- The Right Madness
- Viking, 304 pp.
The Right Madness is Vintage Crumley
And me? Well, hell, I try to stay home more often playing with the cats and doing the scut work that comes my way – depositions, employee thefts, domestic disasters – but I don’t go hunting for lost people much anymore. The women tell me that after all these years I haven’t even found myself. Of course, I haven’t looked all that hard, yet.
If I happened to run across this paragraph scrawled on a soggy bar napkin at Chatham’s Livingston Bar and Grill it would take less than a tenth-of-a-second to determine with absolute surety that the man who wrote those words was Missoula, Montana’s James Crumley. No one else tells the stories like Crumley, has his voice, his confidence or absolute fearlessness when it comes to putting down the wicked, horrible aspects of human existence, foibles of the worst sort only slightly tempered by our species’ better traits.
The Right Madness (The title of the novel is taken from the late Montana poet Richard Hugo’s collection of poetry, The Right Madness on Skye) is just one more book of the author’s that hammers and staggers down the road of specious excess and unavoidable truth. In fact, this one is so well done that parts of it remind me of a mystery he wrote years ago called The Last Good Kiss, an effort so overwhelmingly well-constructed that it is considered by many including myself to be one of the finest novels ever written regardless of genre. Crumley never spares the reader’s sensibilities or self-perceived decencies in his writing. For years he’s examined and revealed mankind’s shortcomings and, in rare moods of generosity, mankind’s altruistic qualities.
The hero, for lack of a better term, is C. W. Sughrue (“Shoog” as in sugar and ‘rue’ as in “rue the goddamned day”), an ex-army officer turned Montana private eye. He wants nothing more than to lie low and try to block out memories of his last case, the one that left a bullet wound in his gut and his marriage in shambles. The last thing he wants to do is take on any business from his best friend, Dr. Will MacKinderick, a wealthy psychiatrist in their small town and probably the only person Sughrue has faith in.
But MacKenderick is desperate. Convinced that one of seven patients is behind the theft of confidential psychoanalysis files from his office, he needs someone he can also trust to trail this group of bizarre small town screw-ups. Going against his better instincts, Sughrue takes the job and the twenty-grand retainer. As per usual and as expected things rapidly spin out of control as one by one people wind up dead, often in gruesome ways.
As with most good mysteries, the getting there is as important as solving the case. In Crumley’s world there is always an abundance of booze, drugs and random sex to accompany the seemingly random violence.
“It’s a tough trip, but there are some chuckles along the way, and it’s worth it,” the author said in a recent interview in Montana Quarterly. He’s often confused with his characters when it comes to his life style while working, but had this to say on that subject. “I find it amazing that readers would think that my idea of fun is to lock myself in a small room by myself…to drink. I much prefer cocktails and conversation with other people. Alcohol never makes anybody smarter; it was invented by the earliest humans for a reason, to sharpen or block the visions, to release pent-up emotions and to cause gales of laughter. It still works. But only a blockhead writes for anything but money, as Johnson said, and only a fool tries to write drunk or twisted.”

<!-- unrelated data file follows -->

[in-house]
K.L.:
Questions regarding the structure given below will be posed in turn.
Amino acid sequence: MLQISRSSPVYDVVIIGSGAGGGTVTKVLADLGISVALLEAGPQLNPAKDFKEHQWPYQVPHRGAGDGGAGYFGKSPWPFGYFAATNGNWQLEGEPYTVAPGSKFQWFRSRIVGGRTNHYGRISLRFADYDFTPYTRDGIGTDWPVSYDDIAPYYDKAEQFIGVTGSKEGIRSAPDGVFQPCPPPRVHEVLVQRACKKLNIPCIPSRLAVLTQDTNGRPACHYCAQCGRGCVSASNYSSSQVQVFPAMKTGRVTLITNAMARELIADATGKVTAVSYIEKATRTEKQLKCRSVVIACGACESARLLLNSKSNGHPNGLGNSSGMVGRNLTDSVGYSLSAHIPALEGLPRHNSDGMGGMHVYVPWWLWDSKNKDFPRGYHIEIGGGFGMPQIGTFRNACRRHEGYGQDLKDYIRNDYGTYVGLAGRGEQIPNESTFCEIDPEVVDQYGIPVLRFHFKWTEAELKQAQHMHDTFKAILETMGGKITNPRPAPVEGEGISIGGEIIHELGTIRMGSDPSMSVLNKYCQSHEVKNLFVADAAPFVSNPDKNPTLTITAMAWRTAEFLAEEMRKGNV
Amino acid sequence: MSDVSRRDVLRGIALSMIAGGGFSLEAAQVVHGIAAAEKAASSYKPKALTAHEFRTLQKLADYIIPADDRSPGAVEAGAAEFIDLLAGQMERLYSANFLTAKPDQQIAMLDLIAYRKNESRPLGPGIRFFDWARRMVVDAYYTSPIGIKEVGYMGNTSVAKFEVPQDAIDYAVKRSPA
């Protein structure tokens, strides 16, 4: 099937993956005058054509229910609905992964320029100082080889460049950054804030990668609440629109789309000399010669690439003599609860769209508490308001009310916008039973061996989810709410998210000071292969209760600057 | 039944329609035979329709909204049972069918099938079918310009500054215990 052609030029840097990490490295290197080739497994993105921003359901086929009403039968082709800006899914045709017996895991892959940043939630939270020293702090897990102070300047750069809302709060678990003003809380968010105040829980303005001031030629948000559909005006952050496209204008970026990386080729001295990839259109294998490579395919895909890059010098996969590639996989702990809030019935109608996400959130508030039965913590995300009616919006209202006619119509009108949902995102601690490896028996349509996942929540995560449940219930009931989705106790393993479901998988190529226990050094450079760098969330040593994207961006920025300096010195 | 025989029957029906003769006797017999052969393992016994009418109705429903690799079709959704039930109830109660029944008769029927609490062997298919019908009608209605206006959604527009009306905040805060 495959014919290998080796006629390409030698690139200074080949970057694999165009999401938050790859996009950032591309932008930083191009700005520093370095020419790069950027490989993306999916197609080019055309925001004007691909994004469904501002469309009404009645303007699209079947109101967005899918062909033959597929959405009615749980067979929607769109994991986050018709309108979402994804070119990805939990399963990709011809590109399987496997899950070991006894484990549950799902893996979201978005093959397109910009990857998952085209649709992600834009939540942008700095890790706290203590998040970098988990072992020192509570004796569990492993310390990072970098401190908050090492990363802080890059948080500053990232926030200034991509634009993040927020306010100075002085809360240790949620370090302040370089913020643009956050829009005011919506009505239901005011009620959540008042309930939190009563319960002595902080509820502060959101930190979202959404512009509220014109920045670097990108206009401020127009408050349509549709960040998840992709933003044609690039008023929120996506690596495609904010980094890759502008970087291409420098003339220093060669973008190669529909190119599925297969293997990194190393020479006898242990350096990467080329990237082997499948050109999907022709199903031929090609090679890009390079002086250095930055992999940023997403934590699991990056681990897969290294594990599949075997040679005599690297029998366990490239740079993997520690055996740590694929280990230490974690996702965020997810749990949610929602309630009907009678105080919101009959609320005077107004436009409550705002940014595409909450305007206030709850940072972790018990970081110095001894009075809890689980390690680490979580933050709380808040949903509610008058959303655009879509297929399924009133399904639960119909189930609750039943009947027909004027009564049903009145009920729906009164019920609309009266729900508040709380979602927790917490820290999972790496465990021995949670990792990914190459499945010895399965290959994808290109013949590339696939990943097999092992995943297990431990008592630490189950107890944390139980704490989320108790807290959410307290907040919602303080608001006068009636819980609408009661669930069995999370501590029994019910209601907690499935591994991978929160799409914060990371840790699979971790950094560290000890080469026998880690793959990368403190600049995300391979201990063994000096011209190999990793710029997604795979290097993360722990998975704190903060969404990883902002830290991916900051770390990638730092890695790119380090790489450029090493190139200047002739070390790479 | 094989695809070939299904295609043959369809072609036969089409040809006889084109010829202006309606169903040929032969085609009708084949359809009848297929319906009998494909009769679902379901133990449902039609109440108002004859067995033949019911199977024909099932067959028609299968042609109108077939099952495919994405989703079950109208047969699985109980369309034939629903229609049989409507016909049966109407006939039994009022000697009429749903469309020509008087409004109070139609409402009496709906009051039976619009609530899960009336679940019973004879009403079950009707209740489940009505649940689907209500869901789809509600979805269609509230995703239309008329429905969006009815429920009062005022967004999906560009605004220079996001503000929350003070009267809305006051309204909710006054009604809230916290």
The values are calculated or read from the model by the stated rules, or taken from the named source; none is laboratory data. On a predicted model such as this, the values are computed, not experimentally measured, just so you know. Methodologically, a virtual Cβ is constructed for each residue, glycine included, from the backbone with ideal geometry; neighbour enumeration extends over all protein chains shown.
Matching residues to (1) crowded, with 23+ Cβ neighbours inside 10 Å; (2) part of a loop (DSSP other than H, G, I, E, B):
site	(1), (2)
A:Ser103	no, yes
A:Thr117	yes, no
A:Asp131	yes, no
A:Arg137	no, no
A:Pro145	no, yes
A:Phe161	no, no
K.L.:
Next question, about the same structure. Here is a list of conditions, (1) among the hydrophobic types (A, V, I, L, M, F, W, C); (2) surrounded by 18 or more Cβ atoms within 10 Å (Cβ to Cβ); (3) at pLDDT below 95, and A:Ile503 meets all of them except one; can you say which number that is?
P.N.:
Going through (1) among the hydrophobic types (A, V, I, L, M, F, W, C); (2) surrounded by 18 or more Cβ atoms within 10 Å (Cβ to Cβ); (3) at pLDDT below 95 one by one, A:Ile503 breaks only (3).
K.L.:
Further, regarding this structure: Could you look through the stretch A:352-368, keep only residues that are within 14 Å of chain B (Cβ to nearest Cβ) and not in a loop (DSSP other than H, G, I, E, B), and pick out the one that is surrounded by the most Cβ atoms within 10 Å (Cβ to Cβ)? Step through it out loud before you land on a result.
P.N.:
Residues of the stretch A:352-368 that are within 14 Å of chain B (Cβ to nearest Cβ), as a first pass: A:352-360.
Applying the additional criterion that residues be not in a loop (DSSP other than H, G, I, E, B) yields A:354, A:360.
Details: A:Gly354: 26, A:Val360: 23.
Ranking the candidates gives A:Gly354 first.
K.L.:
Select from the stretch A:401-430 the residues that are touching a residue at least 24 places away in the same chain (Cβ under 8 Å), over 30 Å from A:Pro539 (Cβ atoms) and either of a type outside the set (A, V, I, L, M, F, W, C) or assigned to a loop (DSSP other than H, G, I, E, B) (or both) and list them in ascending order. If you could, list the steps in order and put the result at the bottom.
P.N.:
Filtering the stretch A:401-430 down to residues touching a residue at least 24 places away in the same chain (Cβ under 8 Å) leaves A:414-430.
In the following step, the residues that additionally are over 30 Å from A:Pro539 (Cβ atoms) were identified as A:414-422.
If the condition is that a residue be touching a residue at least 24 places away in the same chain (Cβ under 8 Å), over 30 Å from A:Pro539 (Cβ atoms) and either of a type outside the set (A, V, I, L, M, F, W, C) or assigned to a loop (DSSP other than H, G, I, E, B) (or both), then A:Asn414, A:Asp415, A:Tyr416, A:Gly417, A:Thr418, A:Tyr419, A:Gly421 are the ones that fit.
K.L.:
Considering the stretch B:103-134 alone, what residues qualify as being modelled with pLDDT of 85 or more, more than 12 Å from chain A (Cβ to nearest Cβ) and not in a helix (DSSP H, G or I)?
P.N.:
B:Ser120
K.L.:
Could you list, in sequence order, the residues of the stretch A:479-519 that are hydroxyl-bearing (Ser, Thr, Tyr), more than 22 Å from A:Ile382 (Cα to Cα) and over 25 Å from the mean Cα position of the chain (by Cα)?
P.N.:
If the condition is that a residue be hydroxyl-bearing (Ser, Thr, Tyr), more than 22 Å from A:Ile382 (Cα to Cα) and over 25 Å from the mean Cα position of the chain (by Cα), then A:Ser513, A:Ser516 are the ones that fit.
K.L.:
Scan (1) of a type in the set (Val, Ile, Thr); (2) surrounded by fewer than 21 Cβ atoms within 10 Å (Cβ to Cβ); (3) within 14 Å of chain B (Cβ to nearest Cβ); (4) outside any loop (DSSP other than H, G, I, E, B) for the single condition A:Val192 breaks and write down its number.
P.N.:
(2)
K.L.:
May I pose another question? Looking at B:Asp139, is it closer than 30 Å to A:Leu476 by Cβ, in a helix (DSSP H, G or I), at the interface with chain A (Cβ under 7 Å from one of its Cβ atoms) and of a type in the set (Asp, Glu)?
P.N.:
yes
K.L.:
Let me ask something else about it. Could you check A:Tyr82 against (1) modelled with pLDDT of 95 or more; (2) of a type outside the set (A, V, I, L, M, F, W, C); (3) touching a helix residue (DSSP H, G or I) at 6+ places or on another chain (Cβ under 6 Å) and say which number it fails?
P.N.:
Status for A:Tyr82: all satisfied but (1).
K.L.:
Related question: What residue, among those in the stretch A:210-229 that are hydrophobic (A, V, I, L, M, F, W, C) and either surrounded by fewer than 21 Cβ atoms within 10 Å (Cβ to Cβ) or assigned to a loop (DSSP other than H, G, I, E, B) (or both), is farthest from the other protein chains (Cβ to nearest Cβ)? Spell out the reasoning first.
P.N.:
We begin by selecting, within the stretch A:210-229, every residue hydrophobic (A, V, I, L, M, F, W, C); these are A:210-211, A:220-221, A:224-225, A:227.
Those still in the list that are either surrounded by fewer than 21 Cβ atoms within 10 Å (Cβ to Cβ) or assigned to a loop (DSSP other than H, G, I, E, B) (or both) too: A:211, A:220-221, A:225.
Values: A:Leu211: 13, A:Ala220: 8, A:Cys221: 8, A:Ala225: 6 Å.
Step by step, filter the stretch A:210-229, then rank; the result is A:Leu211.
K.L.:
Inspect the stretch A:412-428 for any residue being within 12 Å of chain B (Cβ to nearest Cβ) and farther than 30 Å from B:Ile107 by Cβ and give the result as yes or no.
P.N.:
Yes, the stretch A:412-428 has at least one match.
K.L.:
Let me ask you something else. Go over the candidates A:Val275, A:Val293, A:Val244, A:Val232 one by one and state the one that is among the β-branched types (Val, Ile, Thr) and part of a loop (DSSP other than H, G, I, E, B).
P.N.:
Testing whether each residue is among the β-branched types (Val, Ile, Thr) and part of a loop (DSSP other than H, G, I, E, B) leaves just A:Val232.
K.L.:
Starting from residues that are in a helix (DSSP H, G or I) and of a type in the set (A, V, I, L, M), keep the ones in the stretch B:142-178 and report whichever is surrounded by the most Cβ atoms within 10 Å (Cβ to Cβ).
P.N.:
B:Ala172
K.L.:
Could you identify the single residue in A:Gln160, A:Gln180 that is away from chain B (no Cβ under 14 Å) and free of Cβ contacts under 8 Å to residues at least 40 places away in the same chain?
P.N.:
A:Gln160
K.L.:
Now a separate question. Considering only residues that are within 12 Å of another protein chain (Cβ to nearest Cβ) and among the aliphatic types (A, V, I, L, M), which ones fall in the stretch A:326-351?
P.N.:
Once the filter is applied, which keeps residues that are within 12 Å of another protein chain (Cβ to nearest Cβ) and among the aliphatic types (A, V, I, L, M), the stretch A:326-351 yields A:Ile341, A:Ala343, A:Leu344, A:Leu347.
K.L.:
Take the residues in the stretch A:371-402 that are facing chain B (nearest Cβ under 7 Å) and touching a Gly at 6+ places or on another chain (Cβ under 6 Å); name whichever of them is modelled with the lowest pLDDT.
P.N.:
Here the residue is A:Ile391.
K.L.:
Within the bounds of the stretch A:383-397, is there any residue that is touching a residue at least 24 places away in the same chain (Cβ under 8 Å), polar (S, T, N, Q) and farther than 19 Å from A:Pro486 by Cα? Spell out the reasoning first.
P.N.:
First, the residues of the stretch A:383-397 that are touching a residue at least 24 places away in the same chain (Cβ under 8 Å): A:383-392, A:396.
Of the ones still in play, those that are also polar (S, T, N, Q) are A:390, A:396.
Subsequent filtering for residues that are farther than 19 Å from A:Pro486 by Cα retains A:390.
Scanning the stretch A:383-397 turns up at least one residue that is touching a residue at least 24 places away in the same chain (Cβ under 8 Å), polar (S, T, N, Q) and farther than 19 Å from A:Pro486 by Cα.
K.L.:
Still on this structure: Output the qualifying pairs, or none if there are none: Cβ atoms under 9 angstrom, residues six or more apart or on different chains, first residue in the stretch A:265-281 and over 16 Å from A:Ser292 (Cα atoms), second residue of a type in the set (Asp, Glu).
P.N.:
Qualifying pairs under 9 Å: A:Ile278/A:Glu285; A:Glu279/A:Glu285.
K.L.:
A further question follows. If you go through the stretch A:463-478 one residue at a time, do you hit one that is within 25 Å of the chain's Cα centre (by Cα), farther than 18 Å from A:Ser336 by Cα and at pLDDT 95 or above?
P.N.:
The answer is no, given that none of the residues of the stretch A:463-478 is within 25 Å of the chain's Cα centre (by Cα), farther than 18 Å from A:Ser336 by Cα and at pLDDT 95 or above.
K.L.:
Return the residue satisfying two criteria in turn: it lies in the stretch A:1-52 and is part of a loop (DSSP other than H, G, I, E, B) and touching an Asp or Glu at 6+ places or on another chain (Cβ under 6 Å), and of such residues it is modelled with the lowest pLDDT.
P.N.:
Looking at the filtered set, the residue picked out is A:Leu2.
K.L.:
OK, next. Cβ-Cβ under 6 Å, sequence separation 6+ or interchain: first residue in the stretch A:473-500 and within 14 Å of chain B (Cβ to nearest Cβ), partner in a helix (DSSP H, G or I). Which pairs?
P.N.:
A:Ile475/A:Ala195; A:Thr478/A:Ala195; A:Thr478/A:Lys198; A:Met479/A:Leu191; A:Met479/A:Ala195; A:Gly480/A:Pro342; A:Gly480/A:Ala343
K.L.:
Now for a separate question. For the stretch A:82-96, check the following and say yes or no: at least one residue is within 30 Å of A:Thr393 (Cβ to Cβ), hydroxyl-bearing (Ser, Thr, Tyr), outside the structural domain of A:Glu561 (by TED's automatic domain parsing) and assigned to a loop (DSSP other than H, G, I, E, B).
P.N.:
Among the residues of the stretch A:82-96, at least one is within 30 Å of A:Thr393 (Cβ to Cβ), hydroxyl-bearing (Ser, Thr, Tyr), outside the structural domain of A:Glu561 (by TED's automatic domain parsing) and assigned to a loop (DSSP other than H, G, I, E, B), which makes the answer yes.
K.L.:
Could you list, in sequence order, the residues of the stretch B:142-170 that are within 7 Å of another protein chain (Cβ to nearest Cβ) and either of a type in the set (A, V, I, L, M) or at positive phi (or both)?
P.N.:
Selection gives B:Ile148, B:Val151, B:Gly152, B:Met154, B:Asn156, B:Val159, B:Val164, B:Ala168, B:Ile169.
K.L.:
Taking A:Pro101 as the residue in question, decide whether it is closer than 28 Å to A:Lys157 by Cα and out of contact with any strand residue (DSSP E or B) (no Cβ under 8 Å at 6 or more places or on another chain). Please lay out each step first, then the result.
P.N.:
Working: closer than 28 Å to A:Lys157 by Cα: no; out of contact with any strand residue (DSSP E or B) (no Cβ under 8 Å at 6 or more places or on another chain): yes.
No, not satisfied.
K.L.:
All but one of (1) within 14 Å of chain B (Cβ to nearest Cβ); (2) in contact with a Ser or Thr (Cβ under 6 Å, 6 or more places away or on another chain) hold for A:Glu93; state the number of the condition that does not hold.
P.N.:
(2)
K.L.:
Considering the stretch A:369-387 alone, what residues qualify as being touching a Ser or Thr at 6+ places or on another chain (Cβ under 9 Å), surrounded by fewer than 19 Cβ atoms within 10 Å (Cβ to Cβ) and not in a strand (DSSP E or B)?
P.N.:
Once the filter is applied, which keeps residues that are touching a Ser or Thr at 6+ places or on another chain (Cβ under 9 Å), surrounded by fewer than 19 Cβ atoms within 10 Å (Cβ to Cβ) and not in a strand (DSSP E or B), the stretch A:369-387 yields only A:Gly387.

His books often contain some of the most gruesome, vicious scenes found in literature, ones that may haunt a reader for months or longer.
“My job, I think, is to make certain that, one, the violence actually hurts, makes the reader want to turn away, and second, that the scenes are as unique as I can make them. I don’t dredge up these scenes. I rewrite them endlessly until they become real. For me, it’s a literary problem. I’ve been on both sides of violence.”
Crumley is the author of eleven novels including The Last Good Kiss, One to Count Cadence, Dancing Bear and The Mexican Tree Duck, a book that won the Dashiell Hammett Award for Best Literary Crime Novel from the International Association of Crime Writers.
And please don’t let the violence and lust dissuade you from reading this guy. He can write, like this:
It was a lovely, calm Montana summer evening, a Saturday night after a long weekend of softball. The full moon rose blazing over Mount Sentinel, outlining the maw of the Hellgate Canyon with silver fire. A streak of summer haze like a line of blood lay across the moon’s idiot face. The motel’s pool lights were reduced to dim glows. The hot tub shimmered around us like a pot of silver. The early August afternoon had been as hot as a fiddler’s bitch, and a molten slice of sunset still glowed with a hot golden flame along the jagged edge of the western horizon…
When Crumley’s on his game, there’s nobody any better. Even when’s he’s a touch off, he has few peers. The Right Madness falls barely short of perfection and that’s probably as it should be. None of his characters even try to achieve such a bizarre state of esoteric grace.
John Holt and his wife, photographer Ginny Holt, are currently finishing up a pair of related books – “Yellowstone Drift: Floating the Past in Real-Time” (to be published by AK Press in February 2009) and “Searching For Native Color – Fly Fishing for Cutthroat Trout.” John’s work has appeared in publications that include “Men’s Journal,” “Fly Fisherman,” “Fly Rod and Reel,” “The Angling Report,” “American Angler,” “The Denver Post,” “Audubon,” “Briarpatch,” “counterpunch.org,” “Travel and Leisure,” “Art of Angling Journal,” “E – The Environmental Magazine,” “Field and Stream,” “Outside,” “Rolling Stone,” “Gray’s Sporting Journal” and “American Cowboy.” Chesapeake Bay Bridge